Firstly, what is a food additive?
Food additives are substances added to food to improve the flavour, colour, appearance or texture or to preserve the shelf life of our food.
Are there different types of food additives?
Yes there are many types of food additives with different impacts on your health and wellbeing. Here are just some of the most common additives:
Sugars and sweeteners are added to sweeten food and drinks and can hide under the guise of many names: raw, white, coconut, muscovado, date sugar, agave nectar, high-fructose corn syrup, maple, golden, corn, rice and malt syrup, honey, fruit juice concentrate, ethyl maltol, maltodextrin and any ingredient ending in ‘ose’; sucrose, fructose, dextrose, maltose, galactose.
Sugar alcohols include sorbitol, mannitol, isomalt, xylitol and maltitol and sweeteners may show up as aspartame and saccharin on the label.
Colours and dye are added to make our food and drinks more colourful and appealing and have been linked to skin conditions, eczema, asthma, behavioural problems, hyperactivity and digestive upsets.
You may have heard of the food colourings dubbed the Southampton Six. Six food colours that were banned in the UK after a study in 2007 found that they can cause behavioural changes and hyperactivity in children. The Southampton Six are E numbers: 102, 104, 110, 122, 124, 129 and can be commonly found in custard, lollies, biscuits, cakes, milkshakes, soft drink, muesli bars and even curry paste.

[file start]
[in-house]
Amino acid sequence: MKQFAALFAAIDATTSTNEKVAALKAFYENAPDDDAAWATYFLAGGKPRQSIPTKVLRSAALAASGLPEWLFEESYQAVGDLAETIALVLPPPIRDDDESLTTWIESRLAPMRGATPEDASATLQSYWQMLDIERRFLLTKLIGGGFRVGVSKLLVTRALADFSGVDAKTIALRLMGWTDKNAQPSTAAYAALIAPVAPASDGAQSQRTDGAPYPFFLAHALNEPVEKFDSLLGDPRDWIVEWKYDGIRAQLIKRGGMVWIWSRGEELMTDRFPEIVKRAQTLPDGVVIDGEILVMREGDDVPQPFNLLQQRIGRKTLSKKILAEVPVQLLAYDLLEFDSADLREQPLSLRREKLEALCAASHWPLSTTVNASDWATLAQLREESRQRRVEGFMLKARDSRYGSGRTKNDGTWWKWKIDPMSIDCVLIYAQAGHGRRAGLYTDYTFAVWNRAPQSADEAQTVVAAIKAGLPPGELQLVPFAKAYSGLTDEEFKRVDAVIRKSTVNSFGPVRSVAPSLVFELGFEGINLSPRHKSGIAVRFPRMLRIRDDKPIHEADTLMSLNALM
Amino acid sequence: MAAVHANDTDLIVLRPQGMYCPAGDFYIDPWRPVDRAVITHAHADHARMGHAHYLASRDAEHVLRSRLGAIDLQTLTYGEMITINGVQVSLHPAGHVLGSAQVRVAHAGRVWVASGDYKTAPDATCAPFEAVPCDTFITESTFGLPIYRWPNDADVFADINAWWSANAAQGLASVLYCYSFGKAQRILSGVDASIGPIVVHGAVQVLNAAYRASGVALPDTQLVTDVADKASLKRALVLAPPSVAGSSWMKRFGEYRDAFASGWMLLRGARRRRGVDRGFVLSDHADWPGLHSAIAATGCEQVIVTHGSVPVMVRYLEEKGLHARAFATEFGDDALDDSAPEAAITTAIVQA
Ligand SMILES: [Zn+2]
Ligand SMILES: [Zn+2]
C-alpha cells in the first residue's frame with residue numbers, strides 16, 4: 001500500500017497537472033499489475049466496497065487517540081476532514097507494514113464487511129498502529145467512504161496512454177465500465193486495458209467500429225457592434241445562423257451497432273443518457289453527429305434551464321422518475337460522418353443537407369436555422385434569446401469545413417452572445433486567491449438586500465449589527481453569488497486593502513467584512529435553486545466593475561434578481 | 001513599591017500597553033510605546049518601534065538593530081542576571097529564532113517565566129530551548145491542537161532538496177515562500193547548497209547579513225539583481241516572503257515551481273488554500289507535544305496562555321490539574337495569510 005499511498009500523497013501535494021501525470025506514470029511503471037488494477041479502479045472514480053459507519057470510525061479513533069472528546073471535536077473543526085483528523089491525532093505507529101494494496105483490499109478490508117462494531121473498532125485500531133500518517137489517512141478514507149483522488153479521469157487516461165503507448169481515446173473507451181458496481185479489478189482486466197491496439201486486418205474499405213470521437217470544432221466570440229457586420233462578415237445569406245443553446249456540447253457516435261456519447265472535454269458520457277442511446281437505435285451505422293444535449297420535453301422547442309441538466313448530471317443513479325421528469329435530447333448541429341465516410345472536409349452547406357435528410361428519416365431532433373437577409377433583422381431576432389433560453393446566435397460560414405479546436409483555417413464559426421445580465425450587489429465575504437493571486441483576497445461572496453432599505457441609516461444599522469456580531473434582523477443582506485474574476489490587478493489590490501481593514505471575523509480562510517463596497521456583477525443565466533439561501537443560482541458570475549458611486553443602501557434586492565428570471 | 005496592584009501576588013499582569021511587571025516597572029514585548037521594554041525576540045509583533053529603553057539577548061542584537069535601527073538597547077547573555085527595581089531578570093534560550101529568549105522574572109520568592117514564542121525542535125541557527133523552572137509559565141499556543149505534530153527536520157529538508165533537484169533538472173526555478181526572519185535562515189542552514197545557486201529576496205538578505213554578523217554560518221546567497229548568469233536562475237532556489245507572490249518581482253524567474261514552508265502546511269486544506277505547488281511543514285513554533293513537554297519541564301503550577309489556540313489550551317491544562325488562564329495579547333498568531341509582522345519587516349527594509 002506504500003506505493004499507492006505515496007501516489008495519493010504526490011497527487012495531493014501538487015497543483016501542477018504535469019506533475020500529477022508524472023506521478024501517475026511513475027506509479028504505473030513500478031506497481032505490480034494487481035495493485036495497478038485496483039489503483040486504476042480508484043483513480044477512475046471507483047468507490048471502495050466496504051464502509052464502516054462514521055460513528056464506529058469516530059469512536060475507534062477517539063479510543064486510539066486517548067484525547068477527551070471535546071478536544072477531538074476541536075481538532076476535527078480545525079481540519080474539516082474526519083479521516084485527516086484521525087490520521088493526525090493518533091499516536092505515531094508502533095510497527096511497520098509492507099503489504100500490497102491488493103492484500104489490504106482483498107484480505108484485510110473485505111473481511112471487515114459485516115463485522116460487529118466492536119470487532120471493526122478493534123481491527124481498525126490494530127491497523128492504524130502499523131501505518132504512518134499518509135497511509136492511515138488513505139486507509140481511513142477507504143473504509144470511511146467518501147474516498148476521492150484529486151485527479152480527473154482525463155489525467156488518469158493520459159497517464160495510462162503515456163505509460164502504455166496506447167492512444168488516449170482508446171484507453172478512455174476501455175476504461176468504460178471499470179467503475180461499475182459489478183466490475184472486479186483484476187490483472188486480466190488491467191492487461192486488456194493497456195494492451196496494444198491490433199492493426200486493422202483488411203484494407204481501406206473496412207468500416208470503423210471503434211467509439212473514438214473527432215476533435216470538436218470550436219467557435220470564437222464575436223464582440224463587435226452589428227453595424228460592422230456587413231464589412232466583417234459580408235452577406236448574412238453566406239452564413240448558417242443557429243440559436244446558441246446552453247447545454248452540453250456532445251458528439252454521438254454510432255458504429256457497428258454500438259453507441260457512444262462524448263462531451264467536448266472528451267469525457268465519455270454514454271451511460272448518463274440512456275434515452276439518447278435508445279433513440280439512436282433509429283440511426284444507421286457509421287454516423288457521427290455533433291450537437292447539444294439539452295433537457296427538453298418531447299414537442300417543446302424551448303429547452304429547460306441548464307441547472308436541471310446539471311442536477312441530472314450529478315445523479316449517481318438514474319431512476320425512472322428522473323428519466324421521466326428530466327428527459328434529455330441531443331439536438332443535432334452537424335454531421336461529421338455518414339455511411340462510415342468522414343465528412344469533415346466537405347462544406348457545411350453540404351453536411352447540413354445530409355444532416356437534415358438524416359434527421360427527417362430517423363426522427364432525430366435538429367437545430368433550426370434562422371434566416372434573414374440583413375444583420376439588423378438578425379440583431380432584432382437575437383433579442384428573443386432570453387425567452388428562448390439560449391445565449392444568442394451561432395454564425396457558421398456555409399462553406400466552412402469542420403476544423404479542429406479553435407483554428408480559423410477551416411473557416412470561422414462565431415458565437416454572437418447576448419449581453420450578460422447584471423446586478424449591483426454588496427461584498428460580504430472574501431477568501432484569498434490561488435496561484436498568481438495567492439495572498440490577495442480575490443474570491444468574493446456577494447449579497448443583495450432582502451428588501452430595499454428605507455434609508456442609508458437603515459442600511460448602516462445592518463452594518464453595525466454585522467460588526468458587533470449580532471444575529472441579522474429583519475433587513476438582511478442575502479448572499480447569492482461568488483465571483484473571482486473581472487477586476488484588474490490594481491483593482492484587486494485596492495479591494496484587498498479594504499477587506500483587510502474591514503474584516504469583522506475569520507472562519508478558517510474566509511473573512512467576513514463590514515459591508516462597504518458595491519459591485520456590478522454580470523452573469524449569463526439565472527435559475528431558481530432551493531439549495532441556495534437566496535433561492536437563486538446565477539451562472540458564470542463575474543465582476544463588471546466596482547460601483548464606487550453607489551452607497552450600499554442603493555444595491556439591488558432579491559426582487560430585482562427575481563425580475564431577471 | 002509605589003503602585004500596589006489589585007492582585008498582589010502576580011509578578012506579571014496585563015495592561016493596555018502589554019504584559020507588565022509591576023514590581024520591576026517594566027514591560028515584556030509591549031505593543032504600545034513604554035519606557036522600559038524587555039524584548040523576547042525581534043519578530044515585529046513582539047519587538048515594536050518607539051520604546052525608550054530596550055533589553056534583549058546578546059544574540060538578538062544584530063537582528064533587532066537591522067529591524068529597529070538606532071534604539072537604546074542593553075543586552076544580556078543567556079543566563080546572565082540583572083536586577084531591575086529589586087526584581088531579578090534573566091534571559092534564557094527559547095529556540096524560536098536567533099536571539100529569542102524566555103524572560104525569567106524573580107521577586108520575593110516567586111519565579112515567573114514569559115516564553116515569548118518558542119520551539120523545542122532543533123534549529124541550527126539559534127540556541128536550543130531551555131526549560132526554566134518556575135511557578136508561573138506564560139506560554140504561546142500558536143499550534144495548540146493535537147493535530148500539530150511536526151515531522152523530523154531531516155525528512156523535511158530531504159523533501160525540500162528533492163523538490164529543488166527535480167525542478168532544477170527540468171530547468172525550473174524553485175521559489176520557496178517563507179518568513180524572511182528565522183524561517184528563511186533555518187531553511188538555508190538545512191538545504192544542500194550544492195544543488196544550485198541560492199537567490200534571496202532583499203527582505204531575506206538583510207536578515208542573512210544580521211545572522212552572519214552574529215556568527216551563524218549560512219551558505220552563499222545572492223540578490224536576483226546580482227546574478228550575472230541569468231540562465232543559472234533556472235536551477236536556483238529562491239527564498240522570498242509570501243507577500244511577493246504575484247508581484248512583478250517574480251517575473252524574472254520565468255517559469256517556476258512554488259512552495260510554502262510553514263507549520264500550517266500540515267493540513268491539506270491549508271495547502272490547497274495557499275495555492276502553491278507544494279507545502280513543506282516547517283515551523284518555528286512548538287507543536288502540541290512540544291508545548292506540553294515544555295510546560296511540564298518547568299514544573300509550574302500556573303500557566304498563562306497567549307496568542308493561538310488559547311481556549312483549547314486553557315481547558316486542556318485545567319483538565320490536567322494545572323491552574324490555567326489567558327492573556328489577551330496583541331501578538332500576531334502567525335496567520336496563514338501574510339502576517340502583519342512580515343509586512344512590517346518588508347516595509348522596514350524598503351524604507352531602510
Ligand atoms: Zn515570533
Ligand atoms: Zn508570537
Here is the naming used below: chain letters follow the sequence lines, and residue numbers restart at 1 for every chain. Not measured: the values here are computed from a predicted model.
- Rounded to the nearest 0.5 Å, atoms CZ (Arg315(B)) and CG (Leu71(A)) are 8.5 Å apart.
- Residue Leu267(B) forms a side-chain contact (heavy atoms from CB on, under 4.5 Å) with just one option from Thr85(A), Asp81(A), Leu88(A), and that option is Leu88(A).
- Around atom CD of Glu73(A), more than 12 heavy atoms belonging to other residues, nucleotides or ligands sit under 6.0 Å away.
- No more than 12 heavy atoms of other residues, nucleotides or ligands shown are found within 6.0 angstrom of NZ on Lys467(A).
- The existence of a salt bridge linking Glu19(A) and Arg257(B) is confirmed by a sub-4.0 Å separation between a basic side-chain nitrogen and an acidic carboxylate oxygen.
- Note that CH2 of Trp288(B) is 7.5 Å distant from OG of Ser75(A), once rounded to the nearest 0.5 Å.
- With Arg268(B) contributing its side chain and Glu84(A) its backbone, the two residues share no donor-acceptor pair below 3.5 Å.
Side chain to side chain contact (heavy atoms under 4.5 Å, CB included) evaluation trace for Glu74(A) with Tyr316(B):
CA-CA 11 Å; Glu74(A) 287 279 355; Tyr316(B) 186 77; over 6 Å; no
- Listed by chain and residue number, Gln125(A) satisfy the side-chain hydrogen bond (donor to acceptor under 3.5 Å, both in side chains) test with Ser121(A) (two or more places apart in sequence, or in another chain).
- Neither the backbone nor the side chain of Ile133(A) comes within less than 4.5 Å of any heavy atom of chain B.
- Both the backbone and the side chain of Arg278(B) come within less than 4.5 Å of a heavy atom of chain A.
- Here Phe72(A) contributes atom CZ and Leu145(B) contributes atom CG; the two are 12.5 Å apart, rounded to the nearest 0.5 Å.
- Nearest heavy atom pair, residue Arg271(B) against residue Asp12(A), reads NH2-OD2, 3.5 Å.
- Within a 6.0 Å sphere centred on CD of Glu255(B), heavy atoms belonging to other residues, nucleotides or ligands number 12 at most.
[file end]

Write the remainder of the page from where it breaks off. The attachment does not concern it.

Some food colours are derived from petroleum and have also been flagged as possible carcinogens and allergens. Animal studies have indicated sunset yellow (110) can cause tumours, but the results have not been consistent with other studies on rats and mice.
These food colours are still available in Australia, however Aldi has removed these six colours from its shelves, as well as eight more colours: amaranth purple (123), erythrosine cherry red (127), indigo blue (132), brilliant blue (133), green (142, 143), black (151) and brown (155).
Busy lifestyles mean we are reaching for more convenient, processed meals and preservatives like nitrates and nitrites, sulphites and sodium benzoate are used to extend the shelf life of these foods and can trigger allergy-like reactions asthma, wheezing, coughing, headaches and migraines.
A 2015 study suggests emulsifiers – detergent-like food additives found in a variety of processed foods – have the potential to alter the gut microbiome, causing inflammation and increasing our risk of chronic disease such as obesity, high blood pressure and diabetes. Emulsifiers are commonly found in mayonnaise, sauces, peanut butter, breads and ice-cream.
When eating packaged foods, it is important to be aware of additives. I encourage you to explore and identify all the different forms of sugar, artificial sweeteners, flavour enhancers, artificial colours, preservatives and thickeners. Scan the nutrition label and if any of these are listed pop it back on the supermarket shelf or ditch it from your pantry. Chemical Maze is an app made in Australia and can help you to make empowered choices for your family.
Shop locally and include plenty of fresh fruits, vegetables and grass-fed protein, rather than opting for processed or packaged foods, you’ll be sure to avoid most additives.
I love that you’ve taken the time to learn about the additives in our food! If you have questions or would like more guidance, book in HERE for a FREE 15-minute telephone consult to chat about how working with me could help.
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In Health and Happiness,